De-mystifying ocean acidication: 3 things to help you understand what’s going on

Ocean acidification is a hefty buzz word in the marine science community. It was coined in 2003 by two climatologists and since then scientists have recognized its negative effects on corals, shellfish, and even plankton. Ocean acidification, or OA, is a direct result of increased amounts of carbon dioxide in the atmosphere. The change in seawater chemistry becomes more noticeable as we continue to use fossil fuels. Let’s delve into exactly what’s happening and why it is a problem! Consider solutions to this problem as you read, it’s challenging!

1. Ocean acidification is a simple chemical change occurring in the ocean as a result of carbon emissions from the atmosphere. When carbon dioxide dissolves in seawater, it combines with the existing water molecules and carbonate ions. Through this reaction, two bicarbonate ions are created—binding up carbonate ions (this is bad, you’ll see why as you read). This continuous reaction in the ocean causes a reduction in pH, carbonate ions, and the saturation states of calcium carbonate minerals. Essentially the ocean becomes more acidic, there are fewer essential building blocks for calcareous (or calcifying) organisms, and the maximum amount of building blocks for those organisms in ocean is lowered.

2. Increased ocean acidity is a BIG problem. Before the Industrial Revolution (beginning in the early 1700s), the oceanic pH was 8.2. Since then, the pH has dropped to 8.1. Generally, anything with a pH of 7 or lower is considered acidic—so the ocean is becoming more acidic as the pH drops. Small changes in the pH of the ocean can have a negative impact on organism growth, reproduction, and crucial chemical communication because the changes are logarithmic—basically, pH 4 is 10 times more acidic than pH 5, and pH 4 is 100 times more acidic than pH 6. So WHY is this a big problem?  As the ocean becomes more acidic, it affects calcifying organisms. Remember the carbonate in the reaction above, how the carbonate ions are getting bound up? Calcifying organisms use the carbonate ions along with calcium to create their calcium carbonate shells (or skeletons).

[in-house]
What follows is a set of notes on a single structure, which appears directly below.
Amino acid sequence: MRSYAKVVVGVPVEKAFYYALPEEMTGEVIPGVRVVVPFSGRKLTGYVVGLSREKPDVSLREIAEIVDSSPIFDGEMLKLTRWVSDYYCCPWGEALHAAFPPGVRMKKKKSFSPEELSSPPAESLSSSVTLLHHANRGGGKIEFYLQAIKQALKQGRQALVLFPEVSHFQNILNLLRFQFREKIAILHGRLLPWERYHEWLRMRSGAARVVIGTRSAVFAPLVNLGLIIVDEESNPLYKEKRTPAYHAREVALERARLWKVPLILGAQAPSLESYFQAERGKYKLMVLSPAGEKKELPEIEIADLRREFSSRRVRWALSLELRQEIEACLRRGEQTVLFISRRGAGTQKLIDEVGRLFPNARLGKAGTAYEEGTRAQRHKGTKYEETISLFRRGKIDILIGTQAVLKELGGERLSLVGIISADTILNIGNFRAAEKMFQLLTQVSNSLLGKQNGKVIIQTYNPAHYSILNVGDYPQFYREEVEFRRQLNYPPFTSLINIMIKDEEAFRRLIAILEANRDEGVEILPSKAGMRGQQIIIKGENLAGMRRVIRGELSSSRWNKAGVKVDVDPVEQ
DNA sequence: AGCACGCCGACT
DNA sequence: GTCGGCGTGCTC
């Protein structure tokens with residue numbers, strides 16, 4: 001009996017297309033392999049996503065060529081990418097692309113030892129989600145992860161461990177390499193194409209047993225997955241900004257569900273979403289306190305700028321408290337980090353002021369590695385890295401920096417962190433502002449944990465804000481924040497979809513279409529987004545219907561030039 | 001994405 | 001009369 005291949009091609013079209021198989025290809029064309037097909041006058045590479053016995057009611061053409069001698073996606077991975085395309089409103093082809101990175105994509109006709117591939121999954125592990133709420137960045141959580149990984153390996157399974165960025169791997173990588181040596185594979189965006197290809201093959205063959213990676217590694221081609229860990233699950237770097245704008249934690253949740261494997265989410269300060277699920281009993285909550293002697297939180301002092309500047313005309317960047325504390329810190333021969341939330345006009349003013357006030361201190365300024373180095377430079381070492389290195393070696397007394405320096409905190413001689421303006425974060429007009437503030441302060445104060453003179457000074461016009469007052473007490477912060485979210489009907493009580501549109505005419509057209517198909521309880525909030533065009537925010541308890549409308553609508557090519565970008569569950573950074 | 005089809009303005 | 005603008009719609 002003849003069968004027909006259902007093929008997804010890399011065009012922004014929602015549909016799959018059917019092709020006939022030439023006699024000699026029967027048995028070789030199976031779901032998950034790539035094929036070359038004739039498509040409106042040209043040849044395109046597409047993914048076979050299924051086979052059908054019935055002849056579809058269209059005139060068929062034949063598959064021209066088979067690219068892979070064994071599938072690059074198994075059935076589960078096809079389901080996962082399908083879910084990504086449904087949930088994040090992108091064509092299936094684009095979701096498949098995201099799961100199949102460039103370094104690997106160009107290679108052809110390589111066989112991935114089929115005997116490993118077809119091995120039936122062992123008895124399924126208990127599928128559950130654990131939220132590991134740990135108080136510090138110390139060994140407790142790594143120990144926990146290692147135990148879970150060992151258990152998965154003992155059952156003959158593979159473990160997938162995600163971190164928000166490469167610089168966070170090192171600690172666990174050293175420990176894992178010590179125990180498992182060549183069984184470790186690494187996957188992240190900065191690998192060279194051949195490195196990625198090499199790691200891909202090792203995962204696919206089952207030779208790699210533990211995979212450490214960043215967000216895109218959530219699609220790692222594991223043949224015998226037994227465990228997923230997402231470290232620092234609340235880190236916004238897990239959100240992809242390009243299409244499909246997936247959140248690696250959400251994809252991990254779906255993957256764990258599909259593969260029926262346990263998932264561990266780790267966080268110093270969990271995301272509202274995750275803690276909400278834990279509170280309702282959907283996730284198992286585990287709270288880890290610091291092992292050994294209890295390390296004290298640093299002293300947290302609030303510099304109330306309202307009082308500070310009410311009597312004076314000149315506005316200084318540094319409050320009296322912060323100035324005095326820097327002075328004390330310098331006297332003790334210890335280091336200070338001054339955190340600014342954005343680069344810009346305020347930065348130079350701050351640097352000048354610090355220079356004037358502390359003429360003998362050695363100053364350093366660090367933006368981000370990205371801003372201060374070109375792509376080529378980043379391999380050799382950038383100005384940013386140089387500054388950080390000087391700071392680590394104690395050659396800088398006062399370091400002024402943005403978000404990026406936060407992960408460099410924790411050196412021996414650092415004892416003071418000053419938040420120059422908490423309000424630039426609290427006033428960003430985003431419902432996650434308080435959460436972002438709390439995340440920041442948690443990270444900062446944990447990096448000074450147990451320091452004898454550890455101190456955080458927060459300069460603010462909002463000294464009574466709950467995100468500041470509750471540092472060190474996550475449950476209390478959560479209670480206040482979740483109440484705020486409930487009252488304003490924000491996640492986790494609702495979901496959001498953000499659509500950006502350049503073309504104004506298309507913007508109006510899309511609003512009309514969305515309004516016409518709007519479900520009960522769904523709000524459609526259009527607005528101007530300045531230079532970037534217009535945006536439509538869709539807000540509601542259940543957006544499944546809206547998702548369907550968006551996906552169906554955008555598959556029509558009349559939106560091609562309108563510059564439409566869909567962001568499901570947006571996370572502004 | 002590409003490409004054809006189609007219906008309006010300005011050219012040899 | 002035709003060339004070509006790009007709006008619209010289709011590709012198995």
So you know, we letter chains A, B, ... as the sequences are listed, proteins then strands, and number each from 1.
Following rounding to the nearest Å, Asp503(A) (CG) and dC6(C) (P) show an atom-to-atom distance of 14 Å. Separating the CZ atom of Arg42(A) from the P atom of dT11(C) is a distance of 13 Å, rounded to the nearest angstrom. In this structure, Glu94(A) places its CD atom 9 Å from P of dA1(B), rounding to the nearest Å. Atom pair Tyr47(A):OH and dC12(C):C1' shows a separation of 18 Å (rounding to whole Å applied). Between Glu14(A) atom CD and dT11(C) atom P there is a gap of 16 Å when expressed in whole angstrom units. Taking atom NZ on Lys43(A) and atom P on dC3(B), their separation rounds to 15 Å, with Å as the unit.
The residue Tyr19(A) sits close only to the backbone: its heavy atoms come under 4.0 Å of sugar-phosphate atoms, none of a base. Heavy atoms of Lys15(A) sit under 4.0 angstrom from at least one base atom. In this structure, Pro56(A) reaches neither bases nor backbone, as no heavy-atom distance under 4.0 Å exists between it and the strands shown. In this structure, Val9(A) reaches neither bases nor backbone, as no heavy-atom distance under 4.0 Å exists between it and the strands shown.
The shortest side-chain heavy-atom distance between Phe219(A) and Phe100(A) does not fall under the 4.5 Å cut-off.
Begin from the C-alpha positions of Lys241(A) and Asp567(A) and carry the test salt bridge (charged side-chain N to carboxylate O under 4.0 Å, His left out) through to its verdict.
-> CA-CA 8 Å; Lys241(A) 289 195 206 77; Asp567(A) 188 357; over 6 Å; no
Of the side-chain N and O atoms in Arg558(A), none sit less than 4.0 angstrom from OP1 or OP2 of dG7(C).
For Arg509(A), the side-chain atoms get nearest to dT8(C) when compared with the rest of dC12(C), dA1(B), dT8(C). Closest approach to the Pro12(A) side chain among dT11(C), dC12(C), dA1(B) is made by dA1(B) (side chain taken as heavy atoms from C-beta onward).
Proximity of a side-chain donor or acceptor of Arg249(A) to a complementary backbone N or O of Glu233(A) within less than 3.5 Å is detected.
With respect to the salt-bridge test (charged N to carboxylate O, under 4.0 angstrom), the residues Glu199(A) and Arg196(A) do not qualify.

3. The resulting biological effects of ocean acidification are serious. The biological impacts of ocean acidification are not completely understood at this point because it is a relatively new area of study. Previously, scientists thought oceans taking in carbon dioxide was okay…this meant less carbon dioxide in the atmosphere, which was a good thing. Now, though, they are seeing the biological effects on the creatures in the ocean.

Corals need calcium carbonate to build their homes, the coral reef structures we are all familiar with (and are actively restoring). The increased acidity and lowered availability of carbonate ions make it hard for corals to build their structures and maintain the existing structure.

Other shelled animals, like mussels and oysters, have trouble building shells—this is a problem for their larvae too; the larvae have problems building their shells right from the start.
Zooplankton that have calcareous structures are also at risk in acidic seawater. Plankton play a critical role in the oceanic food web, they provide nutrition for nearly all larger sea life, whether directly or indirectly. They also contribute to carbon cycling, an important aspect for all ecosystems. (…)

Ashley Hill, Coral Restoration Foundation, 25 August 2016. Article.

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OA-ICC HIGHLIGHTS

Ocean acidification in the IPCC AR5 WG II

OUP book